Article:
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According to the CDC, around 61 million adults in the U.S. are living with a disability. As a result, your medical and daily living expenses may be higher than other families. The good news is there are a number of tax breaks available for people with disabilities.

How does the IRS define disabled?

You are considered to be permanently and totally disabled if your mental or physical condition prevents you from being able to work.  A physician must certify that your condition is expected to last for a long period (at least 12 months) or can lead to death.

Between medical bills and other impairment-related expenses, living with a disability can get expensive. To minimize the burden, Congress created Achieving a Better Life Experience (ABLE) accounts to help people with disabilities and their families save for disability-related expenses. These tax-favored accounts are for individuals who became disabled before their 26th birthday.

You can contribute up to $17,000 for 2023 and the distributions are tax free as long as they are used for qualified disability expenses.

You get a higher standard deduction for blindness

Taxpayers who are blind can claim a bigger standard deduction which translates into a larger tax break. You are considered legally blind if:

  • You can’t see better than 20/200 in your best eye with glasses or contact lenses.
  • Your field of vision is 20 degrees or less.

For tax year 2022, these are the standard deduction amounts for most filers:

  • Single or Married Filing Separately – $12,950
  • Head of Household – $19,400
  • Married Filing Jointly or Qualifying Surviving Spouse – $25,900

The additional standard deduction amounts for taxpayers who are 65 and older or blind are:

  • Single or Head of household – $1,750
  • Married taxpayers or Qualifying Surviving Spouse – $1,400

You may be eligible for the Earned Income Tax Credit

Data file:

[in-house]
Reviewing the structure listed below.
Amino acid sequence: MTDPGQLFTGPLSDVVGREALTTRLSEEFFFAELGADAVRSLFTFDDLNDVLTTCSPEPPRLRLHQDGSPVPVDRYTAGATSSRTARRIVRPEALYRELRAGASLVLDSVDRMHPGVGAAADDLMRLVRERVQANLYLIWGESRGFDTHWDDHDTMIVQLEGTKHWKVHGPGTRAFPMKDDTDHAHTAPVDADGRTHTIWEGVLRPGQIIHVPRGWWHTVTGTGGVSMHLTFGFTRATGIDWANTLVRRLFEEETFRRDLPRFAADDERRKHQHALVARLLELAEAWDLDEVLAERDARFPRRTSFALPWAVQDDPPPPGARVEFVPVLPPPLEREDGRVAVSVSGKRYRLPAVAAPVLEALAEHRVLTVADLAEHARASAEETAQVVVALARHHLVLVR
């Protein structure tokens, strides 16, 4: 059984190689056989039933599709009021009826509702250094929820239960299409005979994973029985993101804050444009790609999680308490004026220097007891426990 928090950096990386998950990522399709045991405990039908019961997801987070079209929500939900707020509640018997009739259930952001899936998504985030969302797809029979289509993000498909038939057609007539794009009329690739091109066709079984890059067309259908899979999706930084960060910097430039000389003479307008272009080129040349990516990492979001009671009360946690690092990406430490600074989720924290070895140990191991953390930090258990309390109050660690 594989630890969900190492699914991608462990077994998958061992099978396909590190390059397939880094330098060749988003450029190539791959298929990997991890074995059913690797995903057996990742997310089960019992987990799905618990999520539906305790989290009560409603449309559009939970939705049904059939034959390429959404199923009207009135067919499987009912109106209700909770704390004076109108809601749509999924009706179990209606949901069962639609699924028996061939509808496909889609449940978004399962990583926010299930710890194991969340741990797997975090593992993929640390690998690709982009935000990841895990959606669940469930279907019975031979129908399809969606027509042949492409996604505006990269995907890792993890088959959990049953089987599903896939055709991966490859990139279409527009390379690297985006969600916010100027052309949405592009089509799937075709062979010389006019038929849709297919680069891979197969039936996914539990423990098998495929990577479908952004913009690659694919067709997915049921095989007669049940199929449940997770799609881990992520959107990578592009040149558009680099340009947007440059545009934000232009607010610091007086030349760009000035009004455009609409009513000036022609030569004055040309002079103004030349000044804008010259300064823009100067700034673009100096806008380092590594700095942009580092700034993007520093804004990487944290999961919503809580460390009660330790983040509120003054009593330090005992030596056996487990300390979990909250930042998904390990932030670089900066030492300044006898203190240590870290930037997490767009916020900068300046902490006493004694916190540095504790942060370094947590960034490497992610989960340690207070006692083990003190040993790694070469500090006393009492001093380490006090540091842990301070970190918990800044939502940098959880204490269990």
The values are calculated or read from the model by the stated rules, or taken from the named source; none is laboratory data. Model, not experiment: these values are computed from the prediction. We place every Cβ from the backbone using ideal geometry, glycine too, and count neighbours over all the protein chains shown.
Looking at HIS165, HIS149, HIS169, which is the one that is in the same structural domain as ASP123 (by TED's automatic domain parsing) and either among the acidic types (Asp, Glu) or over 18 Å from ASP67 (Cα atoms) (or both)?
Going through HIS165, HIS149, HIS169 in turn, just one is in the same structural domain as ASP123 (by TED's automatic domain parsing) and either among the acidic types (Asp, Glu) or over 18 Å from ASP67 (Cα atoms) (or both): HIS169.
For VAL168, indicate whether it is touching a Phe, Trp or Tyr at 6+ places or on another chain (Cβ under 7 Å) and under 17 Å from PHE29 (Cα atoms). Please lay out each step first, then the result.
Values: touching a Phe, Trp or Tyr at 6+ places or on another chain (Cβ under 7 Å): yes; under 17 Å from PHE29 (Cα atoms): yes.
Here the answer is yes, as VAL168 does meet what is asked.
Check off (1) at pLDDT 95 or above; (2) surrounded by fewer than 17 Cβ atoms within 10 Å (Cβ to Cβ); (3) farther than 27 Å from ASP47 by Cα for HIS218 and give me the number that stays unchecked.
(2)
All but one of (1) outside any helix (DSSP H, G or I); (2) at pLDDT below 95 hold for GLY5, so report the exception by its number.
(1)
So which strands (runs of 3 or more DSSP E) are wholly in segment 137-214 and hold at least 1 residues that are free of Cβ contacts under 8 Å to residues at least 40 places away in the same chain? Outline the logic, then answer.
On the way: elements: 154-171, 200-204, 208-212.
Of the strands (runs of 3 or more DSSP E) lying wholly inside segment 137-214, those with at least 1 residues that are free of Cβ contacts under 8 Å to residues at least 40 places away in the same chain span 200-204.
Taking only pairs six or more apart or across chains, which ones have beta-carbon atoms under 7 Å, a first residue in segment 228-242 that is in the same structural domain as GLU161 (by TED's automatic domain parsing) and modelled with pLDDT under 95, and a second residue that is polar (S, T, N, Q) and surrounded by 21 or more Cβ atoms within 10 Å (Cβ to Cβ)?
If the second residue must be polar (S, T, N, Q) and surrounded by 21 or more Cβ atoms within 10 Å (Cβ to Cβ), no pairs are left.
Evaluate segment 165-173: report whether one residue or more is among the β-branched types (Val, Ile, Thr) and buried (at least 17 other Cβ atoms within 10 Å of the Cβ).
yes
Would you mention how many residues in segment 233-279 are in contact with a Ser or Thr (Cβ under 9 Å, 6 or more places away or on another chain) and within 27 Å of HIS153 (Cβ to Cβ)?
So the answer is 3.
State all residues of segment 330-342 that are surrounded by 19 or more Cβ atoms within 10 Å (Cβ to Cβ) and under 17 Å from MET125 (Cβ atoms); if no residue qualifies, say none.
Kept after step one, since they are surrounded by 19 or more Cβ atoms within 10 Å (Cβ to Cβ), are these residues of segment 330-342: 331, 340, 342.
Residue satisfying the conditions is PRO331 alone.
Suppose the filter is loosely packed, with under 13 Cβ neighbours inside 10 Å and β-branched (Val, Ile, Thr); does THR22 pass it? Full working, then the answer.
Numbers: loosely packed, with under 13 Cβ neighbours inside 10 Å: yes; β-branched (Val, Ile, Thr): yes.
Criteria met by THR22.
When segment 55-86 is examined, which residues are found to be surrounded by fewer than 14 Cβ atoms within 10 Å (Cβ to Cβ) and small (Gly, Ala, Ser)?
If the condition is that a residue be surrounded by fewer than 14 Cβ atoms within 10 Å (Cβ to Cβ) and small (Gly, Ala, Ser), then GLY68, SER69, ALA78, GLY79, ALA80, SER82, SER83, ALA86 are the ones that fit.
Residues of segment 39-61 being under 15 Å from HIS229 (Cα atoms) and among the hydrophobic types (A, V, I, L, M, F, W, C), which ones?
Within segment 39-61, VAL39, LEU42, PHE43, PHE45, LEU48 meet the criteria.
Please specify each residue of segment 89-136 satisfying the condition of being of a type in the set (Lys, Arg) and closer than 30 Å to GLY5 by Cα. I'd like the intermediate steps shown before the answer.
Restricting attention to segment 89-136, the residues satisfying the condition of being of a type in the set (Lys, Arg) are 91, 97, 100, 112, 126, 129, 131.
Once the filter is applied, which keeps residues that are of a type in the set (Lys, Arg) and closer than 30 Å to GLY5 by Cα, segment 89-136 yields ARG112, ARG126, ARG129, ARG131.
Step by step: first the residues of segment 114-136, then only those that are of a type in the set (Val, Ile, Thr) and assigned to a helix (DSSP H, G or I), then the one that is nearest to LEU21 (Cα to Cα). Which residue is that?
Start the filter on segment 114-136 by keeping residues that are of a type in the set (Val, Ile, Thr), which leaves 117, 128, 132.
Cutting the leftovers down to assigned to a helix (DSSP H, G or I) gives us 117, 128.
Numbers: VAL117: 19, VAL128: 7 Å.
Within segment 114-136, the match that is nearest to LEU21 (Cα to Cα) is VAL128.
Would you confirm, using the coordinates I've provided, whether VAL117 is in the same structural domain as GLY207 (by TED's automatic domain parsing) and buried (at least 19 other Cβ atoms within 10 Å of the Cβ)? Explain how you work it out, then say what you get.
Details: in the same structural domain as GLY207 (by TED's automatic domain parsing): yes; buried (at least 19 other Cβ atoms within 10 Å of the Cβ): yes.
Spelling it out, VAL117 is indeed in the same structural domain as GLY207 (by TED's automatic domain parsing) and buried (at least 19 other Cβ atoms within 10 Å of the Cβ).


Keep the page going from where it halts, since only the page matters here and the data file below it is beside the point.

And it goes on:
Certain disability payments qualify as earned income, even if you didn’t work during the year.  For example, disability retirement benefits you receive before you reach retirement age or employer-paid disability insurance benefits.  This can help you qualify for the Earned Income Tax Credit (EITC).  The EITC is a refundable tax credit for workers with low to moderate incomes. The credit amount varies based on your filing status, qualifying children and income. To qualify, your earned income and adjusted gross income must fall below the following income limits.

Your investment income also cannot exceed $10,300 for the year.

For tax year 2022, the EITC is worth:

  • $560 without any qualifying children
  • $3,733 with one qualifying child
  • $6,164 with two qualifying children
  • $6,935 with three or more kids

Please note, Social Security Disability Insurance, Supplemental Security Income (SSI) and military disability pensions do not count as earned income. If you still haven’t filed your taxes, it’s not too late to prepare your return at ezTaxReturn. We’ll find any credits you’re eligible for, so you get the biggest possible refund.

You may qualify for the Child and Dependent Care Credit

If you pay a care provider to look after a loved one while you go to work, you can claim the Child and Dependent Care Credit on your tax return. In order to qualify, the individual must be mentally or physically unable to care for themselves. The maximum expense limit is $3,000 for the care of one qualified person and $6,000 for two or more qualified people. The child and dependent care credit is worth 20 to 35 percent of your expenses depending on your adjusted gross income.

Medical expenses are deductible

Another important tax tip for people with disabilities is that you can deduct any medical expenses that exceed 7.5 percent of your adjusted gross income if you itemize. The following medical aids along with any maintenance fees qualify:

• Hearing aids
• Eyeglasses/contacts
• Artificial limbs
• Wheelchairs
• Service animals
• Special phone equipment for individuals who are deaf or hard of hearing
• Qualified long-term care insurance premiums (within certain limits)

For a full list of tax-deductible medical expenses for people with disabilities, see IRS Publication 502.

Having a mental or physical disability can severely limit your ability to work. If you need the help of impairment-related services to do your job, you can deduct the cost on your federal tax return. For example, a deaf person who hires a sign language interpreter for work meetings can claim those expenses.

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